Eric Beard, a great corrective exercise specialist out of Boston has agreed to make some videos exploring the shoulder complex. Actually, I asked him just to make a video demonstrating the movements and he instead has begun a series of seven videos on the shoulder complex, which he calls "short". Yep, GUS is not the only one with the motto "if it's worth doing it's worth overdoing". For more shoulder information you are going to want to check out Eric's site theAthleticShoulder.com
Video One: Shoulder Complex Arthrokinematics by Eric Beard
Here Eric starts with the movements of the shoulder joint, including flexion, extension, abduction, adduction, internal rotation (or medial rotation), external rotation (or lateral rotation) and horizontal adduction and abduction. These shoulder joint movements, he says, have a great deal of mobility but not much stability. This is one of the central features of the shoulder. It has such a wide range of motion in so many different planes and that comes with a price: reduced stability.
From there he shows us how to palpate the sernoclavicular joint. He explains that there should be some subtle movements of the sternoclavicular joint during various movements of the shoulder. For instance you should find some elevation and depression of the SC joint when your arm is abducting and adducting and some protraction and retraction of the joint during horizontal abduction and adduction of the shoulder joint. If there is not enough movement of the sternoclavicular the acromioclavicular joint, in Eric's words, gets beat up. You've probably heard of AC joint injuries as this is the most commonly separated joint of the shoulder complex.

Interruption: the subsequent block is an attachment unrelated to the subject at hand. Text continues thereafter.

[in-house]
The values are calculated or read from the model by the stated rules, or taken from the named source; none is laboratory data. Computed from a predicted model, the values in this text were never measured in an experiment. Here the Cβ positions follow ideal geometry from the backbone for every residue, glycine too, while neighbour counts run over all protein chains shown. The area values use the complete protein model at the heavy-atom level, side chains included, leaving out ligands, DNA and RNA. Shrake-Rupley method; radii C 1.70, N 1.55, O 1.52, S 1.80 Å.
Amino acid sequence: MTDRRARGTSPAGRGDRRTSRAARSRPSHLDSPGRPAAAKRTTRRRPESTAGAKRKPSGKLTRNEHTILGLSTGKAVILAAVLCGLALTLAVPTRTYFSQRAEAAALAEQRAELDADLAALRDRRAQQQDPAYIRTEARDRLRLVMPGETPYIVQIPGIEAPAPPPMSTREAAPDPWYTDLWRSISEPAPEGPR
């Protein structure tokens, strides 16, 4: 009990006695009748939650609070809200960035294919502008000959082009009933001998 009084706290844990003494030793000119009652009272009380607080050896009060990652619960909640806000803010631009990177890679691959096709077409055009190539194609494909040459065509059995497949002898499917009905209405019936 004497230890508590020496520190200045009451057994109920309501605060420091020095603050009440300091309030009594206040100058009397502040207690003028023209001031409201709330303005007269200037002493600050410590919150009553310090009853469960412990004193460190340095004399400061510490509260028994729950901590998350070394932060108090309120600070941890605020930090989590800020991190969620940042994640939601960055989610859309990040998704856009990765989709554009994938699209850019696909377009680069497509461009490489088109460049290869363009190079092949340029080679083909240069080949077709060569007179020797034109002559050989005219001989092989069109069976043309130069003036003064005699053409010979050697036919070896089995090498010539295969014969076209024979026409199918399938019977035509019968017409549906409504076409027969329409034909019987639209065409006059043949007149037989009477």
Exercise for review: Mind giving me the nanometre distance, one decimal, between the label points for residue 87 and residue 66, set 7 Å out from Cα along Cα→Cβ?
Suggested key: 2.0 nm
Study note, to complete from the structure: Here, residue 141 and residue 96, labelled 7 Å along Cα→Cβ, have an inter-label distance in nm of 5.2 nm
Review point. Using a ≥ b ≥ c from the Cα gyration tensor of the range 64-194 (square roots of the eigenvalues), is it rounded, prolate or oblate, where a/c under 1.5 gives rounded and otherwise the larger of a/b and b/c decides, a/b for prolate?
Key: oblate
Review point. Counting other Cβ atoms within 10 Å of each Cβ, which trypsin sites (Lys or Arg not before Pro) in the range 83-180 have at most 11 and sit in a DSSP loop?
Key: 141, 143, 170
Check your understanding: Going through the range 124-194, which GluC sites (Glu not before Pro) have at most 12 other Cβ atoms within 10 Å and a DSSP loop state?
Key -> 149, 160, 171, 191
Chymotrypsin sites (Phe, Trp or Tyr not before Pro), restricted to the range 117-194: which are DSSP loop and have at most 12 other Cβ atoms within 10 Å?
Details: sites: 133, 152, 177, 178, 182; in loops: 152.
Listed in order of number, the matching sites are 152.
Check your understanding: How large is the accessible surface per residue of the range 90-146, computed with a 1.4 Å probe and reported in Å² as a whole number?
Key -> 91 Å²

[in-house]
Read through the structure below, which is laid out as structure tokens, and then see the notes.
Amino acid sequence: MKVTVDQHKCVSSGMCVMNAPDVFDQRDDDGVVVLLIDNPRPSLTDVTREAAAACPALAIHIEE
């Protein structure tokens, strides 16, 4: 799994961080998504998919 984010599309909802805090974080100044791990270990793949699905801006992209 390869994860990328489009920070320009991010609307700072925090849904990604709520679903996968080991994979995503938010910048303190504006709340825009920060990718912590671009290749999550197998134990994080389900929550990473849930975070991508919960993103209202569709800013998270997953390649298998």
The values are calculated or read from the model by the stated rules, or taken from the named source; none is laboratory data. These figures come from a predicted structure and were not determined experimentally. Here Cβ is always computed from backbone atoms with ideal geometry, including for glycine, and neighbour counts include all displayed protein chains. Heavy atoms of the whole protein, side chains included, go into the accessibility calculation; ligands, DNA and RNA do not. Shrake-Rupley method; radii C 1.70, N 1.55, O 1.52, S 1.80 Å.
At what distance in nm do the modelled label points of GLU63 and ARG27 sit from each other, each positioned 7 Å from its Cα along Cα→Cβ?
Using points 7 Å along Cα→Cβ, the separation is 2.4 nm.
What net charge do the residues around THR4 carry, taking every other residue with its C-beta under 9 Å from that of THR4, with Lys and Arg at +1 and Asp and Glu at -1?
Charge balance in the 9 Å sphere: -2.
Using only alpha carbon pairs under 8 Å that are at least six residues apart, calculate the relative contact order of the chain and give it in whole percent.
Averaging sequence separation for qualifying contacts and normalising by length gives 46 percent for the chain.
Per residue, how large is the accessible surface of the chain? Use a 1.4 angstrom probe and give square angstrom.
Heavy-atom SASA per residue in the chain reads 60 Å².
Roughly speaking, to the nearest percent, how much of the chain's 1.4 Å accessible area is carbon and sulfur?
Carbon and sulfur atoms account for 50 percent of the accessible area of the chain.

The movements of the scapulothoracic joint comes next and you can see these movements in the table above. The pairings of the shoulder joint movements with the shoulder girdle movements are more specifically pairings of the shoulder joint with the scapulothoracic. Most of the time "the scapula" rather than the SC joint is refered to when discussing these movements but, even though it is not a "true" joint, as stated above, it is best to think of it in those terms.
Video Two: Shoulder Joint Range of Motion by Eric Beard
This second video deals with the various ranges of motion of the shoulder complex. Eric begins by re-emphasizing the importance of sternoclavicular joint movement. Apparently this is an area that is often ignored.
Sternoclavicular Ranges of Motion
- Retraction (moving toward the body)
- Protraction (moving away from the body) - 15 to 30°
- Depression - 10°
- Elevation - 45°
*Posterior Rotation - 10 to 45°
The sternoclavicular does not move on its own. The scapula must move to initiate movement at the SC.
Glenohumeral (Shoulder Joint) Ranges of Motion
- Flexion - 165 to 180°
- Extension - 35 to 60° (Eric notes that most do not have this range of motion in extension)
- Abduction - 180° (about one-third of this from the glenohumeral alone and two-third from the scapulothoracic joint)*
- External Rotation - 90°
- Internal Rotation - 70°**
* the movement of the scapulothoracic and the glenohumeral which occurs together is refered to as "scapulo-humeral rhythm". Remember that the clavicle must be moving as well.
** when checking for internal and external rotation of the shoulder note that you should be doing it passively. Notice while demonstrating internal rotation range of motion that Eric just lets his arm hang. He does not force it down further. So this is "passive" meaning that you are not actively trying to extend the range of motion through muscular force which would be "active"
Check back for more videos to come!
This page created 11 May 2010 21:12
Last updated 14 Oct 2012 18:30